Can we tax, spend, and regulate our way to prosperity? Some say we can—if the taxing, spending, and regulating help fight global warming.

North Carolina’s legislators are considering a package of 56 proposals to reduce greenhouse gas emissions. The proposals include such things as mandates on consumer appliances, energy-efficiency requirements for government buildings, subsidies for buying energy from renewable sources, subsidies for investment in renewable-energy technologies, mandating pay-as-you drive insurance, restricting the hours of operation of heavy trucks and buses, mandates for recycling electricity, rationing energy use by businesses (via a cap-and-trade system), new vehicle taxes based on emissions.

Mandate, regulate, tax, ration, subsidize, restrict … If that doesn’t seem like a formula for economic growth, then you must be unfamiliar with the work of Appalachian State University’s Energy Center. According to the Energy Center, the proposed global warming policies will add 32,000 new jobs and $2.2 billion to the North Carolina economy by the year 2020.

Of course, those estimates are a far cry from estimates released six months ago of 325,000 new jobs and $20 billion in value to the economy by the year 2020. Only off by a factor of nine.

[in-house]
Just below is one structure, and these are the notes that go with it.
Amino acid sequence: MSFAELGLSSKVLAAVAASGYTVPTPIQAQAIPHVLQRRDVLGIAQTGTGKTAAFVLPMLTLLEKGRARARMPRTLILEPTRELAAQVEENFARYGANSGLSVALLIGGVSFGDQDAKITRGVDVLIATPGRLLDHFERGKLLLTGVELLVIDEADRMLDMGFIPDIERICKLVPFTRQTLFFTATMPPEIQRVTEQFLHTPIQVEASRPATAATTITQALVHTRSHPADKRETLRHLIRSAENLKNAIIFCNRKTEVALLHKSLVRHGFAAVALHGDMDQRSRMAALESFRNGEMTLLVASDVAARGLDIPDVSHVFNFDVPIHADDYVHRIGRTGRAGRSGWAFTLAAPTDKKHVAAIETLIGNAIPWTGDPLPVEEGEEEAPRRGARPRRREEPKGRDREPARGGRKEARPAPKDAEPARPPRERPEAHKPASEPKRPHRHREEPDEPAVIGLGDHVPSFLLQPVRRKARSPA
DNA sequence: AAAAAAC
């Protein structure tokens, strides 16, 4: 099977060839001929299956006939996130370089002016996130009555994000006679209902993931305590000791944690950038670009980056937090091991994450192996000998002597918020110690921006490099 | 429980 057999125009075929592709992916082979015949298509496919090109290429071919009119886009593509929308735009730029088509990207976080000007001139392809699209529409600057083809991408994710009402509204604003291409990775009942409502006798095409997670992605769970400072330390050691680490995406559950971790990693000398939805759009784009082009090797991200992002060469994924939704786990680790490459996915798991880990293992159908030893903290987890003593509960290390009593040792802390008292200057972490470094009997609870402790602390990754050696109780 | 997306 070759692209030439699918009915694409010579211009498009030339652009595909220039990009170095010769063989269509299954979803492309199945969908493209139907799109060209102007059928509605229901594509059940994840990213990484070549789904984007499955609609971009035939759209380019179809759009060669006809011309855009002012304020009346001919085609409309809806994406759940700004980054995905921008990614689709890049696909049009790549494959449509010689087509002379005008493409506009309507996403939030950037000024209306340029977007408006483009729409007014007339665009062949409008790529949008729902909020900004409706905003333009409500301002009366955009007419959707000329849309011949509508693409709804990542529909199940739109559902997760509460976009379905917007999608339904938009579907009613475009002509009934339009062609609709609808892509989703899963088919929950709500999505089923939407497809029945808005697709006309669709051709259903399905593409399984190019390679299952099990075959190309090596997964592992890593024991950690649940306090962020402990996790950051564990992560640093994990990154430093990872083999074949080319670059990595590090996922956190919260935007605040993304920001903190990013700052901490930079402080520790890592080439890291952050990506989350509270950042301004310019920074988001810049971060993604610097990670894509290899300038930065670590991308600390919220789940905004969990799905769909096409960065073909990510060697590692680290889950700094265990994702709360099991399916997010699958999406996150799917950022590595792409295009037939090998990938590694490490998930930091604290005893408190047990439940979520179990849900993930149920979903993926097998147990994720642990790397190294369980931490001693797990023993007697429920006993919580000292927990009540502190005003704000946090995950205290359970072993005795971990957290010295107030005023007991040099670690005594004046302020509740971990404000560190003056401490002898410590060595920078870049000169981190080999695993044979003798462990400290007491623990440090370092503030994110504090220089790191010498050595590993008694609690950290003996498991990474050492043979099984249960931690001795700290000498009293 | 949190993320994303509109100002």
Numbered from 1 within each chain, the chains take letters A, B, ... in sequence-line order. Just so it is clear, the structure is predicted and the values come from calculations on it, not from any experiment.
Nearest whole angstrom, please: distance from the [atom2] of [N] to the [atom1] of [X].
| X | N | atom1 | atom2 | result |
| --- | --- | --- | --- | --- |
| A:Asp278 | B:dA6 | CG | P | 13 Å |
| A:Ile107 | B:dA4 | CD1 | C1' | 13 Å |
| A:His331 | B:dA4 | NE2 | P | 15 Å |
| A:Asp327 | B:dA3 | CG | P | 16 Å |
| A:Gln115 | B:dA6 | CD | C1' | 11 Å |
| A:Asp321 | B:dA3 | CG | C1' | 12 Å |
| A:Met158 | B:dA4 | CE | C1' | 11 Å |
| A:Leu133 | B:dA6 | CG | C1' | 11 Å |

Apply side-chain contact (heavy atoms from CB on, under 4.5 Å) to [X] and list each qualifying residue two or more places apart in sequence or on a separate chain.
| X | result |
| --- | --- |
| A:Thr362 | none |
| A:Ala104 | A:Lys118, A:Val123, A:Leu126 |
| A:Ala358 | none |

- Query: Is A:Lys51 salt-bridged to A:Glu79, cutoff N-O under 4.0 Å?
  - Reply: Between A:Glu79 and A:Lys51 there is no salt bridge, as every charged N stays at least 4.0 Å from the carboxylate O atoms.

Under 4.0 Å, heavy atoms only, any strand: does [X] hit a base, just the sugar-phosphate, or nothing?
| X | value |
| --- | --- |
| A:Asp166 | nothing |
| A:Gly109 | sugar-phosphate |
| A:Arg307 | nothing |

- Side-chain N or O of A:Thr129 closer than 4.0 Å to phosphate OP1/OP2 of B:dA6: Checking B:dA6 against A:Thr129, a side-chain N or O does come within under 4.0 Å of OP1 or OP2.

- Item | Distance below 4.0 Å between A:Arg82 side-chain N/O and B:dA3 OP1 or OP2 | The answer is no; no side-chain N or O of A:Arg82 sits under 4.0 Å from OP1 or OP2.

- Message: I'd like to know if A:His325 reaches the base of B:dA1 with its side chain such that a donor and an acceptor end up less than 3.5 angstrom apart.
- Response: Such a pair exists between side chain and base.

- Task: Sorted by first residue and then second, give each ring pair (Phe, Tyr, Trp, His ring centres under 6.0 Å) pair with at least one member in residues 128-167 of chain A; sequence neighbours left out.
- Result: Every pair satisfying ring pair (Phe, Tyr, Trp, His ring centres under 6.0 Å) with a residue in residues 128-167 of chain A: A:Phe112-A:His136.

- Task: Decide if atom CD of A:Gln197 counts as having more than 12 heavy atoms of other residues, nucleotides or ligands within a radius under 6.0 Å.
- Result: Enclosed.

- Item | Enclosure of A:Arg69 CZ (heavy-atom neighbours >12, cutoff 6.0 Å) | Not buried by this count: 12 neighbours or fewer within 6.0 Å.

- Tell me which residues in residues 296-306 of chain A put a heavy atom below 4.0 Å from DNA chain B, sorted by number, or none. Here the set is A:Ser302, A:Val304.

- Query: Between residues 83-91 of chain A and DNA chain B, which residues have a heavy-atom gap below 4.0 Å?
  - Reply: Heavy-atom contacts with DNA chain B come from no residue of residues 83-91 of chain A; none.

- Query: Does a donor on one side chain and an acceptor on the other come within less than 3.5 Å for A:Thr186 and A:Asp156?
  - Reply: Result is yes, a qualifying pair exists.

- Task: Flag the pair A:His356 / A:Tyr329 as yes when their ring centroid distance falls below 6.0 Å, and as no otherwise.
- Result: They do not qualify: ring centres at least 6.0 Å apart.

ASU’s modelers produced the new, more modest estimates after the earlier ones were criticized by North Carolina’s John Locke Foundation as well as the Beacon Hill Institute in Massachusetts. The Beacon Hill Institute has produced its own estimate: the global warming proposals will cost North Carolina 33,000 jobs, and subtract $4.5 billion from the Gross State Product by 2020.

As the Beacon Hill Institute study points out, the problem with the ASU estimates is that they are based on an input/output model, which assumes that any resources used in the implementation of the policies would not otherwise be used by the economy. (We have written previously in a different context about the problems with input/output models. See Government’s Magic Job Machine.) In other words, the model assumes that anybody employed as a result of these policies would otherwise be unemployed.

As most sensible people know, there’s no such thing as a free lunch. The question now is: Are North Carolina’s legislators sensible people?

Cross-posted at InsiderOnline.